Author and mother Kathy Lette kept her child’s diagnosis of Asperger’s Syndrome a secret from her adoring fans and the public so she could protect him
For many years London-based author Kathy Lette was perhaps best recognised as the quick witted, champagne swilling, outrageously successful Aussie ex-pat with a bevy of famous friends. It was not unusual to see her in social pages hob-nobbing with Hugh Jackman and even the Queen. Yet behind the lashings of dazzling red lipstick and neck-breaking high heels was a mum struggling to come to terms with, and living with her child’s diagnosis of Asperger’s Syndrome – a secret she kept from her adoring fans and the public until her son Julius was 21, simply so she could protect him.
Now she is the poster mum for the autism spectrum disorder and visitied Australia as a guest speaker for the AEIOU Foundation.
“It was a relief to come out about Jules’ condition. But basically, when parenting a child with Asperger’s it’s best to just strap a shock absorber to your brain. Parents are constantly tip-toeing through a social minefield. You never know when you will touch a trip wire,” Lette tells me from London. “All mothers tend to put their children first, but the mother of a special needs child tends to go into Martyr Mode. It’s very easy to let your own life dwindle to a speck. But I don’t think this is healthy. I’m a great believer in grabbing joy wherever you can. Which is why I’m often found swinging from a chandelier, champers in hand, loudly laughing at life.
“When a mother is told that her child has special needs her guilt gland throbs. Was it something I ate whilst pregnant? Soft cheese? Sushi? Was it something I should have drunk – like puréed beetroot? Or maybe I ate too much? I hadn’t just been eating for two, I’d been eating for Pavarotti and his extended families. If only I’d feng shui-ed my aura in yogalates classes chanting to whale music like Gwyneth Paltrow and Organic Co.
“For years I trekked here, there and everywhere, in the endless search for experts. My son had so many tests; he must have thought he was being drafted into the elite moon mission astronaut program. I tried everything from cranial massage to karma maintenance and other areas of scientific expertise based on medical ideology that have been rigorously and methodically proven by Goldie Hawn and other well-known academics. (I hate to think how many doctors’ children I have now put through university.) Finally, many experts, tests and schools later, my son was re-diagnosed with Asperger’s Syndrome.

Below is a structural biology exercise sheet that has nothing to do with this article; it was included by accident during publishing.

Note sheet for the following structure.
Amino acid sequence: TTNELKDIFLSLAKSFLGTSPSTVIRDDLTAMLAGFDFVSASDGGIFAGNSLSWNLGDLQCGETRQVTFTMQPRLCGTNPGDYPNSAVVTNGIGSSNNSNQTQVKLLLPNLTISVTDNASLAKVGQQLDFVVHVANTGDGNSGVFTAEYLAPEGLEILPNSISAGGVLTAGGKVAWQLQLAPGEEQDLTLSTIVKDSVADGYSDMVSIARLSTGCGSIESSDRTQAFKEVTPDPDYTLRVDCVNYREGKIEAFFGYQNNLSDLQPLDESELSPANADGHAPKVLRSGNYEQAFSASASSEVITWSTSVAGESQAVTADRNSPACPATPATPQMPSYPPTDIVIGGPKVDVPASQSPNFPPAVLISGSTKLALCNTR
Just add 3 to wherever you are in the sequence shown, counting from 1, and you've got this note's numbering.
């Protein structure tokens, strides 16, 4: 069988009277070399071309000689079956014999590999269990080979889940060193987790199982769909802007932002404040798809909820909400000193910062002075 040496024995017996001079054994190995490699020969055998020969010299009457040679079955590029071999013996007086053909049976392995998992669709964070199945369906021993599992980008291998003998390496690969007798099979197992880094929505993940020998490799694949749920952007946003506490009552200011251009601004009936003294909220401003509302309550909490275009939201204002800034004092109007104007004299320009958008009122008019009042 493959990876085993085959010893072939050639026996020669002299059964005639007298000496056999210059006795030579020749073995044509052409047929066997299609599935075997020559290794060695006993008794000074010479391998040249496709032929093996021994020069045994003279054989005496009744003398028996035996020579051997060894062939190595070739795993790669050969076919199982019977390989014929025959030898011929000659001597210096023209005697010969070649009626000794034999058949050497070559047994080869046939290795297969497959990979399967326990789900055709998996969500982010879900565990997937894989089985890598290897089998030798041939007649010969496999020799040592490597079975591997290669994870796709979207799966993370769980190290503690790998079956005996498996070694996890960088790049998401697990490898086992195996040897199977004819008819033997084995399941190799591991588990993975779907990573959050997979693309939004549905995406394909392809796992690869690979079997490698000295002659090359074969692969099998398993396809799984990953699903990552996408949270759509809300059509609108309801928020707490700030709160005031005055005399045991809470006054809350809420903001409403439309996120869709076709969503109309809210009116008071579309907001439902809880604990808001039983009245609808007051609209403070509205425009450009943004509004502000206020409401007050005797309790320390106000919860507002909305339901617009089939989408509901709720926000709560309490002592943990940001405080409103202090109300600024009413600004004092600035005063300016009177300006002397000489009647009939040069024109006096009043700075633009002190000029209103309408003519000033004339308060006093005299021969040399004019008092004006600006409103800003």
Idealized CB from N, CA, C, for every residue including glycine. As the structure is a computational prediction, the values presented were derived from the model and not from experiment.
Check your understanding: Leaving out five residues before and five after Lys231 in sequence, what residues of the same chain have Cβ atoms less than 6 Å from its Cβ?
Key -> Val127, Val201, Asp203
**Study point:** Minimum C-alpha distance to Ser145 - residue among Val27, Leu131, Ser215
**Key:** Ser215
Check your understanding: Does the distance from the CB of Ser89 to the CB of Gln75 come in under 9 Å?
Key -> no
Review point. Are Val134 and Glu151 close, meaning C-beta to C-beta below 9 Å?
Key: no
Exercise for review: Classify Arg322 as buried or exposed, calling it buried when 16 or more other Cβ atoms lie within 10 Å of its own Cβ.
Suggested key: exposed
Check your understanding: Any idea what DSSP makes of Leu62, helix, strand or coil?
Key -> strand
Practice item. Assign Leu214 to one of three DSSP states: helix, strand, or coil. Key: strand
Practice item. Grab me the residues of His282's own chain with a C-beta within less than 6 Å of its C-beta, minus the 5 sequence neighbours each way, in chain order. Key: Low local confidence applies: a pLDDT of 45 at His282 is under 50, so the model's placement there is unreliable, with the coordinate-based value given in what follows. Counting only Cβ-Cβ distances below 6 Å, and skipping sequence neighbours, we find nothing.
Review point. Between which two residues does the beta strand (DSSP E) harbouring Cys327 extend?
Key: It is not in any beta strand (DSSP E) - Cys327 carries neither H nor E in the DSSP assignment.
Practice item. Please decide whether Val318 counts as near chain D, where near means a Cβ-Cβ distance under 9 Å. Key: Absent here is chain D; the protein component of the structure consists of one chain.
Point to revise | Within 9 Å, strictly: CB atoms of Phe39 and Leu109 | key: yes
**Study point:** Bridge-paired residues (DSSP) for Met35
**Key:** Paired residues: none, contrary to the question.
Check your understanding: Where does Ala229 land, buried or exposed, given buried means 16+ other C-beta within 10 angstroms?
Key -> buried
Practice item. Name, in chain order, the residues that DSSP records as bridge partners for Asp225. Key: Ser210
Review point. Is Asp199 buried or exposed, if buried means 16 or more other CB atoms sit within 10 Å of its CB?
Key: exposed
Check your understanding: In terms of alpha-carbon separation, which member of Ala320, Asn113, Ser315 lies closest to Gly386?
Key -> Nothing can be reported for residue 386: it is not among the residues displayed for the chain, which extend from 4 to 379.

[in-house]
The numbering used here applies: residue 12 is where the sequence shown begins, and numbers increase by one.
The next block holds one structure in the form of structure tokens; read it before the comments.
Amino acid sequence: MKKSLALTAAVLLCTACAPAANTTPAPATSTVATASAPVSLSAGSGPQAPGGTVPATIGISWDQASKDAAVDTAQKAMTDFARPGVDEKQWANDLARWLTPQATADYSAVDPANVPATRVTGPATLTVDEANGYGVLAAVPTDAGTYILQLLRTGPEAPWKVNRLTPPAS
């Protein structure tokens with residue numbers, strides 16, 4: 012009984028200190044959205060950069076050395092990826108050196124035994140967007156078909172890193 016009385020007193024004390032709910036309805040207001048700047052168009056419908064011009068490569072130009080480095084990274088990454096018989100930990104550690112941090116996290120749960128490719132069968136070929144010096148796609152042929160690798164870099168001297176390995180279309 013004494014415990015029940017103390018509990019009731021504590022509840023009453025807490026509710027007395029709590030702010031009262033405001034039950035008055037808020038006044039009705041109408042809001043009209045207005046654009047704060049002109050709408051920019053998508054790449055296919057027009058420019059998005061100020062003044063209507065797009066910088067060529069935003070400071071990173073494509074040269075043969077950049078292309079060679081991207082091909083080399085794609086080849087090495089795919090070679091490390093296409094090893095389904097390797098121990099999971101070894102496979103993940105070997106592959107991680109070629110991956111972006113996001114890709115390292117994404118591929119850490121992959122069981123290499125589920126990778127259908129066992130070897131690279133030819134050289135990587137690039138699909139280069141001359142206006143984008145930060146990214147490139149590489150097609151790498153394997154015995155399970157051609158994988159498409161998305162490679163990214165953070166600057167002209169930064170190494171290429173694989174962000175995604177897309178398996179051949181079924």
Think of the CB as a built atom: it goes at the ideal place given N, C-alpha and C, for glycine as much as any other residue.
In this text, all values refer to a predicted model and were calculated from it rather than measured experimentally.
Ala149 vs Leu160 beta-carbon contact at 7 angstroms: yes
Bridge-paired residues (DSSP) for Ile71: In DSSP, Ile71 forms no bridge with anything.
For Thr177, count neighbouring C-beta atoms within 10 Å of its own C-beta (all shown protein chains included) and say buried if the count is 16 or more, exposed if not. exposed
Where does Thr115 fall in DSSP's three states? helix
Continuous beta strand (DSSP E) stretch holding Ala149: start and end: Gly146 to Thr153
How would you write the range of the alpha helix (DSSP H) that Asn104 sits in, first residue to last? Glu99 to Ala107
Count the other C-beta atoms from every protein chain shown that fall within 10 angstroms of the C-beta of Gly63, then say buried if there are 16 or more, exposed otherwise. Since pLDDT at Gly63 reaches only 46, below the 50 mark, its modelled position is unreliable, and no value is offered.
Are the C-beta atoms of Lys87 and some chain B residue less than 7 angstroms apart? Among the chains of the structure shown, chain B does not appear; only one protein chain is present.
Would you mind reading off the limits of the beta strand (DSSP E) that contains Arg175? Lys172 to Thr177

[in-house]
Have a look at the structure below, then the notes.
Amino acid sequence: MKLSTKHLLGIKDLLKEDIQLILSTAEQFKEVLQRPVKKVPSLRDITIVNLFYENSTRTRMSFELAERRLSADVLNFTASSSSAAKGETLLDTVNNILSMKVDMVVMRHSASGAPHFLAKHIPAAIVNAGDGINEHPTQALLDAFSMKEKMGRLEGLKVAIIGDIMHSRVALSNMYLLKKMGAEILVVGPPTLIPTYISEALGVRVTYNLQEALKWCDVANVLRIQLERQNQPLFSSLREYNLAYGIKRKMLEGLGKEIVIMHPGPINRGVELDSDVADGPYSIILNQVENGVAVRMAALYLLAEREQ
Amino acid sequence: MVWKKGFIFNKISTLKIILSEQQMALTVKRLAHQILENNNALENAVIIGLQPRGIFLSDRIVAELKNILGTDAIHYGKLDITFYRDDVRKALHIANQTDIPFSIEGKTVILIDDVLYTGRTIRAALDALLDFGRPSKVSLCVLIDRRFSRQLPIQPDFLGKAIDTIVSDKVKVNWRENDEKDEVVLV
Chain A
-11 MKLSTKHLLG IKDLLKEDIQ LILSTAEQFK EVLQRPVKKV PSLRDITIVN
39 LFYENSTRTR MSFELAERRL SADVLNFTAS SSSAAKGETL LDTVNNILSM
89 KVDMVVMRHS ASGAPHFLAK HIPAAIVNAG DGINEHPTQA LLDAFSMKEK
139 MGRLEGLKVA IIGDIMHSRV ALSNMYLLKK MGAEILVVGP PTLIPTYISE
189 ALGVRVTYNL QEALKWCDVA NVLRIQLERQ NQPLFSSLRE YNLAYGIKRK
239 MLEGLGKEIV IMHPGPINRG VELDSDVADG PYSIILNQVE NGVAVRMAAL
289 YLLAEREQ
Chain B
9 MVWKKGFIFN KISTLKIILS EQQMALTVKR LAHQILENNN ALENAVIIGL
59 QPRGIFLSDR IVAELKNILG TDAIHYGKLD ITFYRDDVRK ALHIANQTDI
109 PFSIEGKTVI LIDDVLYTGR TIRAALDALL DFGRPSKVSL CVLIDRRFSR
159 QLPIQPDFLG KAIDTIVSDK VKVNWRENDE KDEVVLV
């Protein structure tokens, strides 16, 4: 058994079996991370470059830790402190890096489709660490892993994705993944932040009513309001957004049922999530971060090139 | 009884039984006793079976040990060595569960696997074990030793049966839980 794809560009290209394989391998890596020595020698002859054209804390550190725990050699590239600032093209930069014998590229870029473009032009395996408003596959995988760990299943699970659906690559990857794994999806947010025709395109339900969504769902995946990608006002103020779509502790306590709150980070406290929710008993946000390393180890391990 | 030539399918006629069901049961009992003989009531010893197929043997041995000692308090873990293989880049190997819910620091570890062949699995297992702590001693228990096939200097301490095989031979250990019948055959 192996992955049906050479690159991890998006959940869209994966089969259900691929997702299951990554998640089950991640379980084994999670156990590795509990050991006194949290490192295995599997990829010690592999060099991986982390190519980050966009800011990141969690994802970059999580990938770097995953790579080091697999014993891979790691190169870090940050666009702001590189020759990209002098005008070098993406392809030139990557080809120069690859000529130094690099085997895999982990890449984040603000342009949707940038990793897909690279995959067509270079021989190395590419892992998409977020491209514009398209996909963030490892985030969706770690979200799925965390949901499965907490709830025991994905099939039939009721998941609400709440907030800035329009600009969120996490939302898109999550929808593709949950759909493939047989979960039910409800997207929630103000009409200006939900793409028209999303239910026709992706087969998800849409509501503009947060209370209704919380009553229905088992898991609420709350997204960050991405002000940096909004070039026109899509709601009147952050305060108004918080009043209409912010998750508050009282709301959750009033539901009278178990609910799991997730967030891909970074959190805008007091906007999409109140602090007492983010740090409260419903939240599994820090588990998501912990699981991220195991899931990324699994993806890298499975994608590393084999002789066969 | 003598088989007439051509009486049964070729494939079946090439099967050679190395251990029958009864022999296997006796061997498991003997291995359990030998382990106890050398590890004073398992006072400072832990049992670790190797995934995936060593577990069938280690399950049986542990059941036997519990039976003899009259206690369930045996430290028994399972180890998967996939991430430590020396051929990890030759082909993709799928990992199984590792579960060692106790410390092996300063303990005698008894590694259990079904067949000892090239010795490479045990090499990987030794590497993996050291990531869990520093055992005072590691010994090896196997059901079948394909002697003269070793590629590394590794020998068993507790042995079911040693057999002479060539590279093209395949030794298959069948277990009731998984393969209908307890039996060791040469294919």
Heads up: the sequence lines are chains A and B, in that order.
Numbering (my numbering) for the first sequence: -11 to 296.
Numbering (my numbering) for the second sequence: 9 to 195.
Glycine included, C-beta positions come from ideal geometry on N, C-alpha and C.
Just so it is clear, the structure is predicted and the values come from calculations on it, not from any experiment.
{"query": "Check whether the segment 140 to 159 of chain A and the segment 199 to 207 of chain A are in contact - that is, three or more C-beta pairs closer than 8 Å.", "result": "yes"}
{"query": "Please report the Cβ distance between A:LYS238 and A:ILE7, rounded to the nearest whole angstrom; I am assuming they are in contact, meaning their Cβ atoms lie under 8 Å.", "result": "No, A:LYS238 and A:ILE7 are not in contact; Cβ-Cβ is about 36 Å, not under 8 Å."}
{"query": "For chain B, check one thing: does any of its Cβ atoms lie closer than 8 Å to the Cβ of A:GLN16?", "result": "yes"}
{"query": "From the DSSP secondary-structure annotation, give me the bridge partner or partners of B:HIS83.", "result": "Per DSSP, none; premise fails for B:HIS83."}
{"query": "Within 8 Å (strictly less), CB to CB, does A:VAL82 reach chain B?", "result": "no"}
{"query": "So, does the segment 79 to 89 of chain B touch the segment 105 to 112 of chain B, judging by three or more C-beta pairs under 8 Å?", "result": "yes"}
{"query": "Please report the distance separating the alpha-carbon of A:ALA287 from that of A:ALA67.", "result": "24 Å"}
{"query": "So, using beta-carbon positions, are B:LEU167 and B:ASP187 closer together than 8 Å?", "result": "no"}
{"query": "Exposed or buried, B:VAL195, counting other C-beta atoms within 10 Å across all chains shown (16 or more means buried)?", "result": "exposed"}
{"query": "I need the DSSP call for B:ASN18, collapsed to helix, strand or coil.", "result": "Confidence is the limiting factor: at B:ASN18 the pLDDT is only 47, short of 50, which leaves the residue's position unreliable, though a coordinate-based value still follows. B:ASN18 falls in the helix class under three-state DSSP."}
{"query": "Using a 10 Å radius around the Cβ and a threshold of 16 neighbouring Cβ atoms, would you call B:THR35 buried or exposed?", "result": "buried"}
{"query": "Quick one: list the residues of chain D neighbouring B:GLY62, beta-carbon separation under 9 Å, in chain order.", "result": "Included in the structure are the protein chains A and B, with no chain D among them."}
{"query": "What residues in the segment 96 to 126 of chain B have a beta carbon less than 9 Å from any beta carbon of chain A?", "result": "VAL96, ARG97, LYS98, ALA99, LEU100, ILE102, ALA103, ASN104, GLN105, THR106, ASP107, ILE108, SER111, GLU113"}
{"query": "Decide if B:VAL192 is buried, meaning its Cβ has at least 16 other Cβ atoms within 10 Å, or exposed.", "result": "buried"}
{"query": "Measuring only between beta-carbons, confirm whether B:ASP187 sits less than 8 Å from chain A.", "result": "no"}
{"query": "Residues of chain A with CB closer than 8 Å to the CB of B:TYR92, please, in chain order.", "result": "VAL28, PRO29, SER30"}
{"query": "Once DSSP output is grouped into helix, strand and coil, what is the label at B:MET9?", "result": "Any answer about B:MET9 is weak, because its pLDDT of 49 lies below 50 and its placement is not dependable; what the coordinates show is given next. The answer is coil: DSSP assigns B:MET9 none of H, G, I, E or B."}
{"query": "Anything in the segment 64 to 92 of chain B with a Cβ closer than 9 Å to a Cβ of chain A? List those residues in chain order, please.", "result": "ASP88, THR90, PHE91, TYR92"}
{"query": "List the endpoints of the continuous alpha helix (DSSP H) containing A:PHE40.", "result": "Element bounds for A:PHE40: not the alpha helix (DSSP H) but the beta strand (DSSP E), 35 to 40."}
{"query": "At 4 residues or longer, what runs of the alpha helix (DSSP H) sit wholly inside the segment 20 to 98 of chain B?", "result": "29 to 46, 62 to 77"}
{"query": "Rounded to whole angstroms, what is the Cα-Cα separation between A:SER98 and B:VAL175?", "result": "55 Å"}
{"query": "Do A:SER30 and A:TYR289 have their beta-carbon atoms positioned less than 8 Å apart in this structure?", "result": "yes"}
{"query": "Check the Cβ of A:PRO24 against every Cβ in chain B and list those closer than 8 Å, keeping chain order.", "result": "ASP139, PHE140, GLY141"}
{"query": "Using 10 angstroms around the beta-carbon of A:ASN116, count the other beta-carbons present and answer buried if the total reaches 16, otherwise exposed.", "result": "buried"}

“Now I want to de-stigmatize the condition of Asperger’s. While Asperger’s is characterized by an inability to read social situations, plus obsessive, compulsive behaviour, it also often indicates above-average intelligence. It is well-known that creativity is associated with a variety of cognitive disorders. H.G. Wells was so eccentric he had only one school friend. Albert Einstein took a job in a patent office because he was too disruptive to work in a university. Isaac Newton was able to work without a break for three days but couldn’t hold a conversation.
“Experts now believe that Mozart, Van Gogh, Andy Warhol, Orwell, Charles de Gaulle, Thomas Jefferson, Enoch Powell, even Jane Austen’s Mr Darcy and many famous composers and other artists were on the autism spectrum. People with Asperger’s may not contribute in conventional terms but that doesn’t make them less valuable and it’s up to us to help them flourish, starting with stamping out the bigotry that excludes people with disabilities from mainstream life.
“My own vivid, original, brilliant boy is now volunteering at the Old Vic theatre and taking an acting course. With his encyclopaedic knowledge of sports (he’s Wikipedia with a pulse) he would like to become the world’s quirkiest sports commentator. With encouragement, love and support, these unique individuals can fulfil their exceptional potential.”
Find out more about Kathy Lette’s experience of raising a son with Asperger’s in her book The Boy Who Fell to Earth (Random House) out now.